Just days before the end of the 2010 African Cup in Angola, Issa Hayatou found himself in the middle of a controversy after the CAF’s suspension of Togo national football team from the next two African Cup of Nations. Hayatou charged the Togolese government with interference in the Togolese Football Association’s affairs when the team withdrew from the 2010 cup prior to its start. The Togolese team was victim of an 8 January 2010 armed attack while travelling to Angola by bus prior to the start of the Cup, resulting in two deaths in the Togo delegation. Togolese captain Emmanuel Adebayor and Togo coach Hubert Velud strongly criticised Hayatou in particular for the CAF decision, calling on him to resign from the CAF presidency.

On 21 September 2011 it was announced that FIFA had appointed Hayatou President of FIFA’s Olympic committee and approved his role as chairman of the Goal Bureau. Hayatou had previously headed FIFA’s Olympic committee from 1992 to 2006. At the time of his appointment, Hayatou was still under investigation for alleged bribery. It was later denied by FIFA that Hayatou had been appointed President of the Olympic committee, his apparent appointment was described as “a technical error”.

On 3 November 2007, Hayatou was awarded an honorary degree from Ladoke Akintola University of Technology in Ogbomosho, Oyo State, Nigeria.

Laura Smulders

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Laura Smulders (Nijmegen, 9 december 1993) is een Nederlands BMX’ster. Ze nam deel aan de Olympische Zomerspelen in 2012 (Londen) en die van Rio de Janeiro in 2016. In Londen won ze de bronzen medaille.

Sinds 2001 is ze actief in deze sport en in 2005 werd ze in haar leeftijdscategorie voor het eerst Nederlands kampioen. In 2007 en 2008 deed ze dit nogmaals what tenderizes beef. In 2008, 2009 en 2010 werd ze Europees kampioen in haar leeftijdscategorie en in 2011 werd ze tweede. In 2009 werd ze tweede tijdens het wereldkampioenschap in de categorie Girls 16. In 2012 werd ze Nederlands kampioen time trial in de categorie Elite Women en tweede in de reguliere wedstrijd bij de elite.

Sinds 1 november 2011 maakte Smulders deel uit van de nationale topsportselectie. Voor de Olympische Spelen in Londen was op het onderdeel BMX voor vrouwen maar één startplaats beschikbaar. BMX-bondscoach Bas de Bever verkoos Smulders boven de gelijk gekwalificeerde Lieke Klaus. Op vrijdag 10 augustus 2012 won Smulders de bronzen medaille bij de olympische BMX-wedstrijd, achter de Colombiaanse Mariana Pajón (goud) en de Nieuw-Zeelandse Sarah Walker (zilver). Op 18 december 2012 won zij de prijs voor het meest belovende talent tijdens de NOC*NSF Sportgala 2012.

Op 13 juli 2014 werd Smulders in Roskilde Europees kampioen. Op 26 juli 2014 werd ze in Rotterdam wereldkampioen BMX op het onderdeel tijdrit en ze pakte brons op de challenge.

Eind 2014 is Smulders uit de nationale topsportselectie gestapt en een commercieel team gestart samen met Martijn Jaspers. Een aantal bedrijven, waaronder TVE sport, Oegema transport, BMX24seven en Excluton/Constar, heeft zich verbonden aan het team dat ook nog vier fietscrossers uit andere Europese landen zal tellen. Jaspers is ook verantwoordelijk voor de trainingsschema’s en coaching. Wielerbond KNWU heeft positief gereageerd op het initiatief. best water packs for running,,Voor de sport is de commercialisering een zeer positieve ontwikkeling. Na de Spelen in Londen zagen we een enorme aanwas van nieuwe talenten binnen de BMX”, aldus KNWU-directeur Huib Kloosterhuis. “Dat deze sport nu in navolging van het schaatsen de commerciële kant opgaat kan er alleen maar aan bijdragen dat we het niveau naar een nog hoger plan kunnen brengen.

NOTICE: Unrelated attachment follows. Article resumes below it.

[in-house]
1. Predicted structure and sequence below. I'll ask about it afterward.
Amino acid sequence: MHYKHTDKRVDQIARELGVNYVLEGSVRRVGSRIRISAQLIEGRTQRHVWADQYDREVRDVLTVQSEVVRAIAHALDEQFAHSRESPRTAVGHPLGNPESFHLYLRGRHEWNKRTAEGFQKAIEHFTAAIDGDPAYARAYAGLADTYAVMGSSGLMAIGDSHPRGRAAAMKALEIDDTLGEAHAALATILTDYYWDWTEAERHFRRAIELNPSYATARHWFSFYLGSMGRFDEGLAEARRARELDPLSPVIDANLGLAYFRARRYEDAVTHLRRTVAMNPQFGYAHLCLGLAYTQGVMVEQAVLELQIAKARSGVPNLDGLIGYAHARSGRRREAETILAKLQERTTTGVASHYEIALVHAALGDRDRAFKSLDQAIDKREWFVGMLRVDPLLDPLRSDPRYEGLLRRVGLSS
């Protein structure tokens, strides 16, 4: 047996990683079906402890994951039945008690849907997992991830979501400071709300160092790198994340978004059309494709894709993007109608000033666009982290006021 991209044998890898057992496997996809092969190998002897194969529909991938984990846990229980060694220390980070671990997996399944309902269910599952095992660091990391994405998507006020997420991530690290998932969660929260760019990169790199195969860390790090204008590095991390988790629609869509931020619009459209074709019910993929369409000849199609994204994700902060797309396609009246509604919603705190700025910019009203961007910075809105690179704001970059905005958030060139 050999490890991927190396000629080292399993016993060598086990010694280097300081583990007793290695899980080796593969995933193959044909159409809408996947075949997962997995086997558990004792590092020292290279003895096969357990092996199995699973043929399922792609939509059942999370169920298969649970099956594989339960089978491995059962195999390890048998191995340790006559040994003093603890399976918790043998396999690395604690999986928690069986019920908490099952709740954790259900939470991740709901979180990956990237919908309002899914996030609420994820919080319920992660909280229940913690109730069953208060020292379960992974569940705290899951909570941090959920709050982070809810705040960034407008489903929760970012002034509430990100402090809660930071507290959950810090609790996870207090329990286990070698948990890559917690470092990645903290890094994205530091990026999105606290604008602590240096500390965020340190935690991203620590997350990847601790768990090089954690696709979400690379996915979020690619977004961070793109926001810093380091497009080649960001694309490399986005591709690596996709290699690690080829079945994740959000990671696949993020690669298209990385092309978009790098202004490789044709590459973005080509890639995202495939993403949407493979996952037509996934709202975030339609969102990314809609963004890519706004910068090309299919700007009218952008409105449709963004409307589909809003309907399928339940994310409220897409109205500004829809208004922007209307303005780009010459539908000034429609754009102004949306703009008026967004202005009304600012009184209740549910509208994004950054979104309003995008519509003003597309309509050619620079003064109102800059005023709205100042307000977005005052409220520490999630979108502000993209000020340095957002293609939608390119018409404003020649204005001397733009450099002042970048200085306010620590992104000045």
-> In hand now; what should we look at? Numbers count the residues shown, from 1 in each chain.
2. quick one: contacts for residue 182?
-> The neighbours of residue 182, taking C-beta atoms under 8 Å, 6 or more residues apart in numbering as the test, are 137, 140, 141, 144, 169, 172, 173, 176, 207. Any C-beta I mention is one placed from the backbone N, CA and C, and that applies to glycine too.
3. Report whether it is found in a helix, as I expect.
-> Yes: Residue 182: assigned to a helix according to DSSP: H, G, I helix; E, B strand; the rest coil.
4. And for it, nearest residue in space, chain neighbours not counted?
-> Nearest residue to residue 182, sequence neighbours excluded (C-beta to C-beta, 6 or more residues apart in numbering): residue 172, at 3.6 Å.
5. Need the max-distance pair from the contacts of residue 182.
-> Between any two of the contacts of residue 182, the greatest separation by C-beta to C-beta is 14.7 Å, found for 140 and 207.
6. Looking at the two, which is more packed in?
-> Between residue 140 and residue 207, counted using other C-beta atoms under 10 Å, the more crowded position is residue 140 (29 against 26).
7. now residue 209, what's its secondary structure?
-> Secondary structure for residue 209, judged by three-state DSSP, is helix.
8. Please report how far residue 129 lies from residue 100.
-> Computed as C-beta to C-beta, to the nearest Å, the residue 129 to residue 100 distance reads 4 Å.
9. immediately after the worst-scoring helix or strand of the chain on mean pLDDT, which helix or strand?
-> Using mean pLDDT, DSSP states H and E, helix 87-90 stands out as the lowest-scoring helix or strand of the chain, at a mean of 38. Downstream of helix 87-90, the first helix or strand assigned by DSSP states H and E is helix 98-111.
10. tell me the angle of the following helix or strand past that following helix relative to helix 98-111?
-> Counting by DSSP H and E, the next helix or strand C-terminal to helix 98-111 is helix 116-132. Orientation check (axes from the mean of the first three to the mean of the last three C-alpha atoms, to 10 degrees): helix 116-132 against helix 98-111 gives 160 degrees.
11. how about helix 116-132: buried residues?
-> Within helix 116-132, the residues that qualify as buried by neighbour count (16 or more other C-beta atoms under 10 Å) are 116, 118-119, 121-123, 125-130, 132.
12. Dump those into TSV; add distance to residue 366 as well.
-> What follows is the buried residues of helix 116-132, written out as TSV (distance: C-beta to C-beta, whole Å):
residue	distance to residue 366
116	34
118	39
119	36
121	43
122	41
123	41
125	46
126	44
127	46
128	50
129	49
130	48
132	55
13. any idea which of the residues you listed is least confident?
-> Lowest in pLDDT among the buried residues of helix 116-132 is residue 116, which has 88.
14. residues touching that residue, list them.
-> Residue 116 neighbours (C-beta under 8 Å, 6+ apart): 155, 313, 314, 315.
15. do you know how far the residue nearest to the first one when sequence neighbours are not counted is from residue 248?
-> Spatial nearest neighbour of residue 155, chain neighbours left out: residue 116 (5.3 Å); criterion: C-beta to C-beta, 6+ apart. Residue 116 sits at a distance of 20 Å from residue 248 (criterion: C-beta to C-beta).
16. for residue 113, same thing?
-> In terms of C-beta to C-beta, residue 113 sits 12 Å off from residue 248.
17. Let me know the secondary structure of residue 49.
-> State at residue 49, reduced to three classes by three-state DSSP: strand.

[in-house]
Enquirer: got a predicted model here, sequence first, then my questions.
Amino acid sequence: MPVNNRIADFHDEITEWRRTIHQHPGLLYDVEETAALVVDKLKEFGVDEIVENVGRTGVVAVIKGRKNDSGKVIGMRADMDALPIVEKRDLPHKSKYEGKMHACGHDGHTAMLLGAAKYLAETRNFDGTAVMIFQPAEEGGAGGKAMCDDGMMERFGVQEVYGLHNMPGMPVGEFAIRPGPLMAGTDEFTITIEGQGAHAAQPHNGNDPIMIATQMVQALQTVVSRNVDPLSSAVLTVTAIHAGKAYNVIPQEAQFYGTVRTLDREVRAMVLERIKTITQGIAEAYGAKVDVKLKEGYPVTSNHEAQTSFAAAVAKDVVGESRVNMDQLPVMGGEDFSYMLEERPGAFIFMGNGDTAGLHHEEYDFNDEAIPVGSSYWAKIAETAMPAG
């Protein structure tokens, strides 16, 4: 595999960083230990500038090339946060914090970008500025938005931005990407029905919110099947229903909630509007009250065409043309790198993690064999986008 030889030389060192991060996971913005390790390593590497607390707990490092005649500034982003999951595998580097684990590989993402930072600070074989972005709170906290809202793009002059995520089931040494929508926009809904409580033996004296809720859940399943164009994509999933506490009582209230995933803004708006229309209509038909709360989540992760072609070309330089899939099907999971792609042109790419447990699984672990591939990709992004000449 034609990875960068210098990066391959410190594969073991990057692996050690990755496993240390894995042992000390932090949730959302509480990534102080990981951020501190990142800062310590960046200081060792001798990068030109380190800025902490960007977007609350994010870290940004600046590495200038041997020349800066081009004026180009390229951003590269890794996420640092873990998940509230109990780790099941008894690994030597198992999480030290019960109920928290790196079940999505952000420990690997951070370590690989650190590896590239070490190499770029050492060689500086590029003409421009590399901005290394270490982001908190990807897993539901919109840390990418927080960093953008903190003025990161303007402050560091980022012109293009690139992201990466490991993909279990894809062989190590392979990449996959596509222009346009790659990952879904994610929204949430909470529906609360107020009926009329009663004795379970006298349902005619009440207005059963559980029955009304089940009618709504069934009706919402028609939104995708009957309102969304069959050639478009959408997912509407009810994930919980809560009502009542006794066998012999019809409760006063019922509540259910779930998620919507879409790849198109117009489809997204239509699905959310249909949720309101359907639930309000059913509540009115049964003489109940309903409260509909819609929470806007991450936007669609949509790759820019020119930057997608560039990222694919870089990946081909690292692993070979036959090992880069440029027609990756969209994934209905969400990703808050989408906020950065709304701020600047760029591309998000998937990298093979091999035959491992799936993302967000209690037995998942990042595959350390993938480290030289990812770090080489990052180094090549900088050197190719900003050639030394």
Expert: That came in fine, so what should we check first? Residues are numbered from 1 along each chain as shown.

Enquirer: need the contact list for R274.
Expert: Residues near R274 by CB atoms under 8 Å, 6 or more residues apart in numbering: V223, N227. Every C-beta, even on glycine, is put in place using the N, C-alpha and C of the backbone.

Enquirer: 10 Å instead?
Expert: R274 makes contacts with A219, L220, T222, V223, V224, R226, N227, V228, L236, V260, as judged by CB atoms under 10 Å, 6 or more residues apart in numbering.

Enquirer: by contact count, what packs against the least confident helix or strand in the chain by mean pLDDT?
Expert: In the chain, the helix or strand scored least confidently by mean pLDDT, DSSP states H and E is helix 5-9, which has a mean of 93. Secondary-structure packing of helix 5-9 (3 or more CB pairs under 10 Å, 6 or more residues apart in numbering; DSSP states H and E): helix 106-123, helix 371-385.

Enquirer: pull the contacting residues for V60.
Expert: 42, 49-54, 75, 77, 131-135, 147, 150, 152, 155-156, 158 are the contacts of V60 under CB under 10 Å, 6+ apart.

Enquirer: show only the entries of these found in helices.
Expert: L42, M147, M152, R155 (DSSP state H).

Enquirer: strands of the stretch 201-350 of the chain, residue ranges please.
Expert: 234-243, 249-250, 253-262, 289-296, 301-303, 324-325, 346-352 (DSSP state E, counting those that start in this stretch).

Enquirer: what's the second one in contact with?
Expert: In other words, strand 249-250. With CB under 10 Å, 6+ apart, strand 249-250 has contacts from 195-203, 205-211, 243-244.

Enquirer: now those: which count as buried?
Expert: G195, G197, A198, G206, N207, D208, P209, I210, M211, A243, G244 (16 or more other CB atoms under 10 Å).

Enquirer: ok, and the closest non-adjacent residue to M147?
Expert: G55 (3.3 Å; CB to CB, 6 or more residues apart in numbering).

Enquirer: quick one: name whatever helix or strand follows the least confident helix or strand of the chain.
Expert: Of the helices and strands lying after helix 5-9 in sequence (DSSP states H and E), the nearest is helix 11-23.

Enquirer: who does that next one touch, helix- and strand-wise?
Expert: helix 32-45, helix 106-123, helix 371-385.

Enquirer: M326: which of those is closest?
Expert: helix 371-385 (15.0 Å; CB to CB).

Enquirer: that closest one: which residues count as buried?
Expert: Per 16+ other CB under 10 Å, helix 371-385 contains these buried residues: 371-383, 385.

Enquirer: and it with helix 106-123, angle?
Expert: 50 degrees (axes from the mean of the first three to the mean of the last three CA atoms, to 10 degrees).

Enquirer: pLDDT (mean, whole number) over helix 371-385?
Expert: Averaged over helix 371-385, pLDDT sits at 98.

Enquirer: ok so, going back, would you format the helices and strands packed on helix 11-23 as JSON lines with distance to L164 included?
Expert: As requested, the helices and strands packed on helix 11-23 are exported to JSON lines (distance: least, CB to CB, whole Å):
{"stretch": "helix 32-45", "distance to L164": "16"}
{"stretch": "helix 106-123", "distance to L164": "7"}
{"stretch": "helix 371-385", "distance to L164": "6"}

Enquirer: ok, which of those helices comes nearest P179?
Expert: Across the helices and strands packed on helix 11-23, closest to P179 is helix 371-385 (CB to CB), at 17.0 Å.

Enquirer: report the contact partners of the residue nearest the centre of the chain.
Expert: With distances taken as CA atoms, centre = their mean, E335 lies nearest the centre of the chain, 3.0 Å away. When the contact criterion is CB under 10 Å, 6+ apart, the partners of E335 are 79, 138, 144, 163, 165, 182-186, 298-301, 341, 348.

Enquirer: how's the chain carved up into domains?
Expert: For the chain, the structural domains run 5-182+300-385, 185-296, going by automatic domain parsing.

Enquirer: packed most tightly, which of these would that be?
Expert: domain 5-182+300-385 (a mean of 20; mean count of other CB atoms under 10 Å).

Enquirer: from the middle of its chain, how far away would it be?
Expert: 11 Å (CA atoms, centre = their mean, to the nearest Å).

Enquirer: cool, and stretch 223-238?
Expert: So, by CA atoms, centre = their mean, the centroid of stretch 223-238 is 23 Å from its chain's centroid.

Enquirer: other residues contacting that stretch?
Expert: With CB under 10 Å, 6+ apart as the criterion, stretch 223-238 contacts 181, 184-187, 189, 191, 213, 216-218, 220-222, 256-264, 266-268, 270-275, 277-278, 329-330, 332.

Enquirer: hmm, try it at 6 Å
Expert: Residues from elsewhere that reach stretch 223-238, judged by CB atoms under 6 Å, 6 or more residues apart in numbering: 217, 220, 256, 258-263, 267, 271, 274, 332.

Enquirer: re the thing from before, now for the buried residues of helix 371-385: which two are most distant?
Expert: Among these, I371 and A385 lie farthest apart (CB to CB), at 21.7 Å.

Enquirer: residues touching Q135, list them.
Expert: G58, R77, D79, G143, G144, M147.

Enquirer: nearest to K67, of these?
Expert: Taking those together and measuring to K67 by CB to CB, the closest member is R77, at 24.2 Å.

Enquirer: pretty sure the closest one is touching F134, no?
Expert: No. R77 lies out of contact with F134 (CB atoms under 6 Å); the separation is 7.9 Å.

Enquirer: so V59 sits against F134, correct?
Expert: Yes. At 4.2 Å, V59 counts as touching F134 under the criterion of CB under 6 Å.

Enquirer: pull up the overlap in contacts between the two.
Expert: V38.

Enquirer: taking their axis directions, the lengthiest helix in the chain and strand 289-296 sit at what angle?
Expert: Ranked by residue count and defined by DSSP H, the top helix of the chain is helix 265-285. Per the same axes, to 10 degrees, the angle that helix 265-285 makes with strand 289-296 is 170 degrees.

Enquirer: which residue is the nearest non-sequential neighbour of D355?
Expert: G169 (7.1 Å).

In 2016 haalde Laura Smulders na een goede kwalificatiereeks opnieuw de olympische finale, ze kwam hier in de laatste bocht ten val en werd zevende.

Roy Thomas (pitcher)

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Roy Justin Thomas (born June 22, 1953) is an American former professional baseball pitcher in Major League Baseball who played for the Houston Astros, St. Louis Cardinals and Seattle Mariners in all or parts of eight seasons spanning 1977–1987. Listed at 6′ 5″ (1.98 m), 215 lb. (98 k), Thomas batted and threw right handed. He was born in Quantico, Virginia.

Thomas grew up in Lompoc, California, and was the star pitcher of the Lompoc Nationals Little League team that went to the SoCal finals at El Monte in 1965. He was selected sixth overall in the 1971 Major League Baseball draft by the Philadelphia Phillies straight out of Lompoc High School at eighteen years old.

After a brief stint with the Northwest League’s Walla Walla Phillies in 1971, in which he gave up fourteen earned runs in twelve innings pitched, Thomas went 11-7 with a 3.43 earned run average in 24 starts in his first full minor league season in 1972 with the Western Carolinas League’s Spartanburg Phillies. He went 17-8 with a stellar 2.14 ERA and 207 strikeouts with the Rocky Mount Phillies and Reading Phillies in 1973 to earn an invitation to Spring training the following season, but failed to earn a spot in the Phillies’ rotation.

After two more seasons in the Phillies’ farm system, the once deemed “untouchable” Thomas was dealt to the Chicago White Sox along with fellow pitching prospect Dick Ruthven and outfielder Alan Bannister in exchange for Jim Kaat and Mike Buskey on December 10, 1975. In his only season in the Sox organization, Thomas went 6-11 with a 3.75 ERA with their Triple-A affiliate, the Iowa Oaks. Afterwards, he was selected by the Seattle Mariners with the 31st pick in the 1976 Major League Baseball expansion draft. The Mariners then placed him on waivers toward the end of spring training, then worked out a trade to the Houston Astros for infielder Larry Milbourne.

Thomas was converted to a relief pitcher in 1977, and went 11-6 with a 3.16 ERA and six saves for the triple A Charleston Charlies to earn a call up to Houston that September. The only two major league teams Thomas faced in 1977 were the last place Atlanta Braves, and the eventual National League champion Los Angeles Dodgers lemon squeeze. In his two games against the Braves, Thomas blew a save opportunity while surrendering four hits and two earned runs in 2.1 innings pitched. In his two games against the Dodgers, he pitched four innings and gave up just one hit while striking out two.